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'Terrible governance': Is York Region’s new Official Plan illegal?

Region asks Ontario government to allow development on Greenbelt, Oak Ridges Moraine
July 8, 2022

The Ontario government remains tight-lipped about how it will handle York Region’s new Official Plan and the latest challenge to the province’s Greenbelt protection.

The challenge is embedded in the region’s newly adopted plan for growth over the next 30 years that expands settlement areas, potentially opening up almost 8,000 acres of green space for development.

Activists, farmers and residents have appeared before council multiple times warning the plan is illegal, precedent-setting and will lead to more environmentally damaging urban sprawl.

The region already has a “massive glut” of greenfield land, more than enough to meet housing needs up to 2051, they said.

But in a contentious, labyrinthine 8-hour long council meeting June 30, two-thirds of regional council voted in favour of the plan.
It now goes before the ministry for approval.

Environmental groups say Municipal Affairs Minister Steve Clark can not approve because the Greenbelt Plan makes it permanently off-limits for suburban boundary expansion; the Planning Act prohibits Official Plans that do not conform.

A statement released this week from two activist groups, Environmental Defence and Stop Sprawl York Region, predicts the provincial government will now be challenged to keep its “clear and oft-repeated promise that it ‘won’t touch the Greenbelt’.”

A ministry spokesperson declined to comment, saying, in an email, it has not yet received the plan.

The province called for all regional municipalities to submit their 30-year plans by July 1.

York’s final vote, June 30, was the last council meeting before summer break and confusion abounded, both in council chambers and the among those attempting to follow via livestream, with multiple last-minute motions and closed-door sessions seeking legal advice.

“It was a race-to-the-bottom meeting one might use in a civic class as an example of terrible governance,” said Claire Malcolmson, Rescue Lake Simcoe Coalition’s executive director.

Regional chairperson Wayne Emmerson called it, “the most challenging day in my 30-plus years. It really has been tough and we haven’t pleased everyone.”

In a media statement July 7, Emmerson said he is proud of the plan to accommodate more than 2 million residents and 1 million jobs by 2051.

“We could not have accomplished this significant milestone without the support of our municipal partners, stakeholders and the public who participated throughout the process,” he said.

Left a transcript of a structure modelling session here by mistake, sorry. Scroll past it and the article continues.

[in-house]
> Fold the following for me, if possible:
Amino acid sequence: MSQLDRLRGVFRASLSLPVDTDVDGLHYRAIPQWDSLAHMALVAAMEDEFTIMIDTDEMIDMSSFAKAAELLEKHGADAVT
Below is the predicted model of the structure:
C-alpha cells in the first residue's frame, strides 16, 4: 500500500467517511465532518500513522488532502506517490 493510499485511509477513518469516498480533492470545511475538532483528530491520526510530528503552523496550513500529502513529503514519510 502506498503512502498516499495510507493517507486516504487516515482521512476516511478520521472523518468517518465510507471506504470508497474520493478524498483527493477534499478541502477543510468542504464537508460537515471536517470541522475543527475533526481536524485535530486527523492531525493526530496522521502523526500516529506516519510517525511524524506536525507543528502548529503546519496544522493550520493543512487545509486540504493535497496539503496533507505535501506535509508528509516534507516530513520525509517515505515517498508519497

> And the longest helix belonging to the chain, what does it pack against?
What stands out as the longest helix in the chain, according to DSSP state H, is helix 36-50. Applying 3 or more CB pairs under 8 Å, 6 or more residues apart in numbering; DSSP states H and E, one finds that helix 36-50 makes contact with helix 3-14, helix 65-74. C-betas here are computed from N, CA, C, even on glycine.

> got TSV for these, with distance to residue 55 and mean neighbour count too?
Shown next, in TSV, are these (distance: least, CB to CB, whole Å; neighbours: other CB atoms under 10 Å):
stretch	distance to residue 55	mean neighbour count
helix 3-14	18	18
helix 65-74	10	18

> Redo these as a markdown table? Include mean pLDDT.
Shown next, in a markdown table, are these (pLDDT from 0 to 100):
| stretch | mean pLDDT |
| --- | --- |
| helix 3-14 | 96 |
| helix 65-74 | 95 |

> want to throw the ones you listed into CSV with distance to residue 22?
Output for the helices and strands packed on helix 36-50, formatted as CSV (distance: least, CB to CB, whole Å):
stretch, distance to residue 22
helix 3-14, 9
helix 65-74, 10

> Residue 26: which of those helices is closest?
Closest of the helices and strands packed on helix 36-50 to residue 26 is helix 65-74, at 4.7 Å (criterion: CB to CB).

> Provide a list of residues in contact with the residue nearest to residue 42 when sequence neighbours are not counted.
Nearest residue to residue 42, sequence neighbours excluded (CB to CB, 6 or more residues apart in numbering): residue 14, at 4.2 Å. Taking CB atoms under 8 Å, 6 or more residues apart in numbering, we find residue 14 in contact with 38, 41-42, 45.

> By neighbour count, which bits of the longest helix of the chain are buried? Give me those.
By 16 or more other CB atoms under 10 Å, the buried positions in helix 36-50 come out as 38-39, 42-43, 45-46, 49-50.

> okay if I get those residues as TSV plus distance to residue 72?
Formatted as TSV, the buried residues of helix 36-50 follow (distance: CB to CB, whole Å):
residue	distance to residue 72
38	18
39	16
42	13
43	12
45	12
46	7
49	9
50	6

Not all on council agreed.

Georgina Mayor Margaret Quirk and regional councillor Rob Grossi, Newmarket Mayor John Taylor, Aurora Mayor Tom Mrakas and King City Mayor Steve Pellegrini -- all representing Lake Simcoe watershed municipalities -- voted against the plan, as did Markham regional councillors Jack Heath and Don Hamilton.

“I’ve never seen anything like this in my 17 years of being in government,” Quirk said.

“This is just a recipe for appeals to the Official Plan; lawyers will love this. I'm sure they're sitting here salivating watching the proceedings. The media is probably enjoying this circus. I don't know if people got popcorn out, but this is crazy ... There is so much wrong here that I can't even begin to unravel it.”
In addition to incursions into the Greenbelt and Oak Ridges Moraine and a low intensification rate, Taylor pointed to “a dozen-plus significant planning amendments that had no accompanying staff report, no analysis, no financial impact analysis. There are at least two major motions staff are not going to be able to sign off on ... I believe this is not a financially and environmentally or socially sustainable plan.”

Vaughan Regional Councillor Gino Rosati called for compromise.

“When we have something this complex, for any one of us, there is always something that you don't like.”

In addition to Emmerson and Rosati, those who voted to support the plan included Vaughan Mayor Mario Bevilacqua and regional councillors Linda Jackson and Mario Ferri; Richmond Hill Mayor David West, and regional councillors Joe DiPaola, and Carmine Perrelli; East Gwillimbury Mayor Virginia Hackson; Whitchurch-Stouffville Mayor Iain Lovatt; Newmark regional councillor Tom Vegh; Markham Mayor Frank Scarpitti and regional councillors Joe Li and Jim Jones.